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Telling Secrets

faith, fatherhood, and culture


Monday, March 19, 2007

Seven-thirty marks the beginning of bedtime in the Seeling home - all three kids protest the announcement that the time has come to get ready for bed. The girls are easily talked into it with the promise of nursing and their tearful whining is replaced by big smiles, waves, and "Nah nah! Nah nah!" Sometimes I get hugs - Ameena always more willing to dispense these than Acacia who usually runs away until she sees Ameena giving hugs. Malachi however always gets his hugs and he happily gives them back in good brotherly form.

After the girls disappear with Angela upstairs, Malachi usually plays another quarter hour before I insist that he brushes his teeth. He has a motorized toothbrush in the shape of a car that he likes to use these days (he has three others to choose from). When Angela first gave it to him as a present, he was excited until we turned it on and stuck it in his mouth. Malachi hates loud noises and has always been a little skittish when it comes to new, strange things. He pulled back immediately and refused to use the new toothbrush, prefering his old, reliable, manual green Oral brush. He finally realized how cool his car toothbrush was when Isabella came over to spend the night. She had a motorized pink Disney Princesses toothbrush over which she globbed toothpaste, turned the noisy motor on, and nonchalantly stuck it in her mouth - a stubbornly confident Princess of Cool. Malachi wanted to show her how cool he was with his own motorized car toothbrush and followed her lead. The deal was clinched when she spit into the sink, a line of goopy white dripping from her lips, down her chin, barely making it into the sink before creeping down the white bowl. If there is anything more built into the Y chromosome it is the need to spit, and here Malachi saw an opportunity to spit in the house in an approved way. Toothbrushing before bed has never been an issue since.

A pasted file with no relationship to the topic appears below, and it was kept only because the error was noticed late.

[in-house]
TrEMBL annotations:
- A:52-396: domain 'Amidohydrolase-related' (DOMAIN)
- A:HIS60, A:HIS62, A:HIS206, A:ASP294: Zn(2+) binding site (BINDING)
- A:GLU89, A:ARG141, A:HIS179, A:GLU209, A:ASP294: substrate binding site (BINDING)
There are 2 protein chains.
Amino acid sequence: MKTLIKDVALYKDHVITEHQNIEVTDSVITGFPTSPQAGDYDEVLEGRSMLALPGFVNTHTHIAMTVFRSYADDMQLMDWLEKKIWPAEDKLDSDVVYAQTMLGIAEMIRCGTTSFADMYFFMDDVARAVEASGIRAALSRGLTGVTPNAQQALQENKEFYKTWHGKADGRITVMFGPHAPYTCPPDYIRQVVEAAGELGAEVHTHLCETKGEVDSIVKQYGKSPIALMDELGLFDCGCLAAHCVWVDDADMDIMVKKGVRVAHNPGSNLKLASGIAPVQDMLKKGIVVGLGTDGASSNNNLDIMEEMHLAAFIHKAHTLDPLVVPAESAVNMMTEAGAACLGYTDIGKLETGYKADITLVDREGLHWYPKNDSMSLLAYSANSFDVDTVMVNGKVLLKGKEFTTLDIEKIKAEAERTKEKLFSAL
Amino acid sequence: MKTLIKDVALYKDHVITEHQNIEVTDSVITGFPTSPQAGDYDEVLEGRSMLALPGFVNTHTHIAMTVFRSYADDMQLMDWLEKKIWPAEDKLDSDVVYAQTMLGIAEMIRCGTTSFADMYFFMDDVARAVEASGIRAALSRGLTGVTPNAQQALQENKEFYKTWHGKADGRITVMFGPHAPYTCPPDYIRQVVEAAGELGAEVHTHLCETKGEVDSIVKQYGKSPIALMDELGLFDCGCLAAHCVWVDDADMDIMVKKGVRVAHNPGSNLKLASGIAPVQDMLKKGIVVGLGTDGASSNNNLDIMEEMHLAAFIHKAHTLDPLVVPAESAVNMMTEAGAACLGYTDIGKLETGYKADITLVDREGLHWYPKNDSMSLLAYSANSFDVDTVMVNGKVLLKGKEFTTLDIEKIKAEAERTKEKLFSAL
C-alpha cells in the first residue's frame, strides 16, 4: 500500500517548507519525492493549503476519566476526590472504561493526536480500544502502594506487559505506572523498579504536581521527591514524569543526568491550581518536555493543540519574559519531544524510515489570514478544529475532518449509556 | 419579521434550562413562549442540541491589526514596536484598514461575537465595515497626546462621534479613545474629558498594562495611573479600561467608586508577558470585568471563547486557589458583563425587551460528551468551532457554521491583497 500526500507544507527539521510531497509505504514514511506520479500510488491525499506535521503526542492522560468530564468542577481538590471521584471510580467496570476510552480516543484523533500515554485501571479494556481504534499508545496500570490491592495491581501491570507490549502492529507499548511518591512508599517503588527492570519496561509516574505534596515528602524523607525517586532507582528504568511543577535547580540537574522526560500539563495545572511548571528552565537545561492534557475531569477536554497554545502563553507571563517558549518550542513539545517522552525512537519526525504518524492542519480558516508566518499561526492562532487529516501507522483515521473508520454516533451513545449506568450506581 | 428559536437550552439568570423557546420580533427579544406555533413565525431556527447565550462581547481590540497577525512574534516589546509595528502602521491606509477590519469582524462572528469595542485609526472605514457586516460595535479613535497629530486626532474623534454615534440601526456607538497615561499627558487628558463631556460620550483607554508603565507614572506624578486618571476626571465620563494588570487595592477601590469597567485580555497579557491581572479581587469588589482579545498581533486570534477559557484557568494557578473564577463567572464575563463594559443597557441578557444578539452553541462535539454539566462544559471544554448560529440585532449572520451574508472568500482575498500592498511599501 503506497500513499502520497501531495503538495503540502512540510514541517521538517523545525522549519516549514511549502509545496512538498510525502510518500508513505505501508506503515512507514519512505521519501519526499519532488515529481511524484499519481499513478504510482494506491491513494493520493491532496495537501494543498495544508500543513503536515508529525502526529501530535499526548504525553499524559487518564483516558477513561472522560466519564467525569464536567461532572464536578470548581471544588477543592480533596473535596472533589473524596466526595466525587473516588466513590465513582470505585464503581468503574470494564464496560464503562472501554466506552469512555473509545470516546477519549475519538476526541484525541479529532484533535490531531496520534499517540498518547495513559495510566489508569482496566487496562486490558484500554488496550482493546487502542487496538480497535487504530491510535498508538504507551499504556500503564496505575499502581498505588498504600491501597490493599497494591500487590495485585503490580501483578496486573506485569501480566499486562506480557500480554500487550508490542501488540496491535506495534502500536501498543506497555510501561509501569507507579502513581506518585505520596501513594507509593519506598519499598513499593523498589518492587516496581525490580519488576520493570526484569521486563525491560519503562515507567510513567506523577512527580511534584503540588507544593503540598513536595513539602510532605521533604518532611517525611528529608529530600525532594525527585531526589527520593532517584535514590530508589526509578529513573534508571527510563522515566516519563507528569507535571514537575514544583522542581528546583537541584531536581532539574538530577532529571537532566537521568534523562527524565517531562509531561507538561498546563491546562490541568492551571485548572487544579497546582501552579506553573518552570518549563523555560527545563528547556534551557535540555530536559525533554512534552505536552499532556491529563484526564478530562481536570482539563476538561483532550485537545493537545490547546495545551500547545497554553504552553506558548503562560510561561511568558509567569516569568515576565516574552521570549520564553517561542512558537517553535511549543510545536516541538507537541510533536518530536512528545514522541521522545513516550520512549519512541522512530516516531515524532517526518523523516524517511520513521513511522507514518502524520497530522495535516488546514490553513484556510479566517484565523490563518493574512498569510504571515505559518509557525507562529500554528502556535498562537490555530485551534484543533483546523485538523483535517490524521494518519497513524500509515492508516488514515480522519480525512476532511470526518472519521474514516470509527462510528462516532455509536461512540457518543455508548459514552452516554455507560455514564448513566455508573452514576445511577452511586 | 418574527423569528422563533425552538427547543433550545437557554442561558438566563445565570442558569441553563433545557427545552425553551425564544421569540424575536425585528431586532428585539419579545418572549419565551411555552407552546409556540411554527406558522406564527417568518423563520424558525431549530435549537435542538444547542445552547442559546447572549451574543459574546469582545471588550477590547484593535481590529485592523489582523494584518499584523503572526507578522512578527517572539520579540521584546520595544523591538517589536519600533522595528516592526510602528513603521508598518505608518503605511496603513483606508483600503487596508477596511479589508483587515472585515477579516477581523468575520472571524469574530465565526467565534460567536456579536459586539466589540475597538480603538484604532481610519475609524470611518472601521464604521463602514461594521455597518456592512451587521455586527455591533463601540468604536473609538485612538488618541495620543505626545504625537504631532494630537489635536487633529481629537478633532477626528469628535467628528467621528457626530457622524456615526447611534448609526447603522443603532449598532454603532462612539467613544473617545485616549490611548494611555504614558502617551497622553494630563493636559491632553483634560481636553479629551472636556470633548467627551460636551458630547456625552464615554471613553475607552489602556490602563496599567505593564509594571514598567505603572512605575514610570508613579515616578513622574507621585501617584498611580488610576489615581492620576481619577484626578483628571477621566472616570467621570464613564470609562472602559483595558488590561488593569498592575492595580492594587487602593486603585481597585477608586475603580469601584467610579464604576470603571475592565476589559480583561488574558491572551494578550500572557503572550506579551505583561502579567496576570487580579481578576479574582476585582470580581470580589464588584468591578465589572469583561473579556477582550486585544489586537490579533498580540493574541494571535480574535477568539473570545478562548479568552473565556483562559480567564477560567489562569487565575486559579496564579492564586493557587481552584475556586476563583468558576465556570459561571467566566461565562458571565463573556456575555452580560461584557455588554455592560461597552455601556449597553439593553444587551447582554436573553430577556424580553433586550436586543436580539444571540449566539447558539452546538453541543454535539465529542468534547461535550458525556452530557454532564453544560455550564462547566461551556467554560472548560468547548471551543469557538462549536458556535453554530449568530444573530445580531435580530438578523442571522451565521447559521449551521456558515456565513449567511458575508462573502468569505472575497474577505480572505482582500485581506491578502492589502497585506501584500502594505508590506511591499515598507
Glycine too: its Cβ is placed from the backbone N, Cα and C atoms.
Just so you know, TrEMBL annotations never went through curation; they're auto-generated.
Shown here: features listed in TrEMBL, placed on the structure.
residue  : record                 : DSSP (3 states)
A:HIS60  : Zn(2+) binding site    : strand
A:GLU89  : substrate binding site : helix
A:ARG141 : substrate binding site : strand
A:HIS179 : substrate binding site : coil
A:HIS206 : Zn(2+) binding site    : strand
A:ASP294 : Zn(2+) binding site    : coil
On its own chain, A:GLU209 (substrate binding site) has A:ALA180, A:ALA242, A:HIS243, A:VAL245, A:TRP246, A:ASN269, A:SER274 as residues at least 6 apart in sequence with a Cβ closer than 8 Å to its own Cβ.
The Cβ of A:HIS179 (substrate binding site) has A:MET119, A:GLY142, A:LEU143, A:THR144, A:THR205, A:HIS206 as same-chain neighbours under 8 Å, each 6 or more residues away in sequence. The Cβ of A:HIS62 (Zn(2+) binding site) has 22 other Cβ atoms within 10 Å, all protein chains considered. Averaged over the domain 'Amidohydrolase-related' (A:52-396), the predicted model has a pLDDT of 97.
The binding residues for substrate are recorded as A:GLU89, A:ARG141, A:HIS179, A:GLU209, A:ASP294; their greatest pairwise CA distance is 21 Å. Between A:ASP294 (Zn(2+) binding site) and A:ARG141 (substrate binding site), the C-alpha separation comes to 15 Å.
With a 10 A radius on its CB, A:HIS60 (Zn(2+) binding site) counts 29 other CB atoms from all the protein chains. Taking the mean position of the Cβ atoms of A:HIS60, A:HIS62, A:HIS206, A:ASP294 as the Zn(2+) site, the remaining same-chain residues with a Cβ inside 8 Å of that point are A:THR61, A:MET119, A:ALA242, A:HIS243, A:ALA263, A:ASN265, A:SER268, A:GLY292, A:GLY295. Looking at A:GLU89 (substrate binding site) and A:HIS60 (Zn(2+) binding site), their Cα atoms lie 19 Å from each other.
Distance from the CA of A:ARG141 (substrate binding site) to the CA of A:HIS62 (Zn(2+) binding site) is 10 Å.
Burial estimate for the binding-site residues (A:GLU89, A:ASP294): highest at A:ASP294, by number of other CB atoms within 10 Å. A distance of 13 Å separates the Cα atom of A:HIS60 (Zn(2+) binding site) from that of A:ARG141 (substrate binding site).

Once in bed, if it's not too late, Malachi and I read The Next Chapter in whatever "Chapter book" we're reading at the time. Our first book was one of my favorites The House at Pooh Corner. Our second was The Mouse and the Motorcycle. Malachi loved both, so then followed the adventures of Ralph the mouse in the sequel Runaway Ralph, a theme I thought twice about introducing to my three year old. It is decidedly slower than the first book and deals with older themes, but Malachi still seems interested in listening to it. When we're done reading, I turn off the lights and lay next to him to chat and doze until he finally drops off to sleep.

I usually take this time of chatting and dozing to reaffirm my love to Malachi, to apologize for anything mean I did or for the time we didn't get to play that day, and to tell him what I am proud of him for. He sometimes responds with a simple "thanks, daddy" and sometimes he engages and provides thoughts of his own. The last few nights have been full of the latter.

A couple nights ago, Malachi was singing softly to himself a song about a volcano under the ocean that "blows and blows and blows." I had never heard that song before and I had no idea Malachi knew anything about volcanos, much less submarine ones that blow and blow and blow. After a few rounds of this chorus, Mo' turned to me and said, "Daddy, there are volcanos under the ocean."

"You're right, buddy."

"And sleeping volcanos are called 'dormance.'"

I propped my head up on my hand and looked at him through the red glow of the string of chili pepper lights we use for a nightlight. I still have no idea where he learned about this - maybe from school, or maybe from a show he watched on NickJr.com - the volcano song he has associated with Diego, but I've never heard a preschool show talk about dormant volcanos. The next day during dinner, we munched on sandwiches and watched "blowing" volcanos on Google video and saw what sleeping, dormant volcanos looked like (he was a little disappointed in the dormant ones: "But those have snow on them").

The next night I told Malachi how proud I was of him and how big he was getting. "Yeah, I can ride my bike now," he said.

"Yup, and you're a good bike rider too."

"Yeah. And I can climb good...because I'm not little anymore," he said thoughtfully.


"And...I can run...and I can ride my scooter..." He paused and thought a little longer. "And I am almost good at driving."

Last night, in his final quarter hour of playing before bed, I was checking email and listening to him play and sing to himself. He was playing with one of those bead rollercoasters - he had it on its side and was making up a story full of danger and adventure for the beads. At the same time he sang:

You are my sunshine, my only sunshine
You make me happy when skies are great
You'll never know dear (giggle) how much I love you
... when skies are great
You'll never know dear...never know I love you
When skies are great...
You are my sunshine, my only sunshine
When skies are great...

He was silent for a moment and then he said, "Daddy, sometimes people kill."

I swiveled around in my office chair to face him. "Yes they do, buddy. Sometimes people do kill."

"And sometimes animals die."

"Yes, sometimes they do. "

He turned back to his toy and ran the beads around their metal tracks. "What do you think about that?" I asked him.

He waved at his toy, still on its side and said, "The world is upside down. But not really upside down, just a little."

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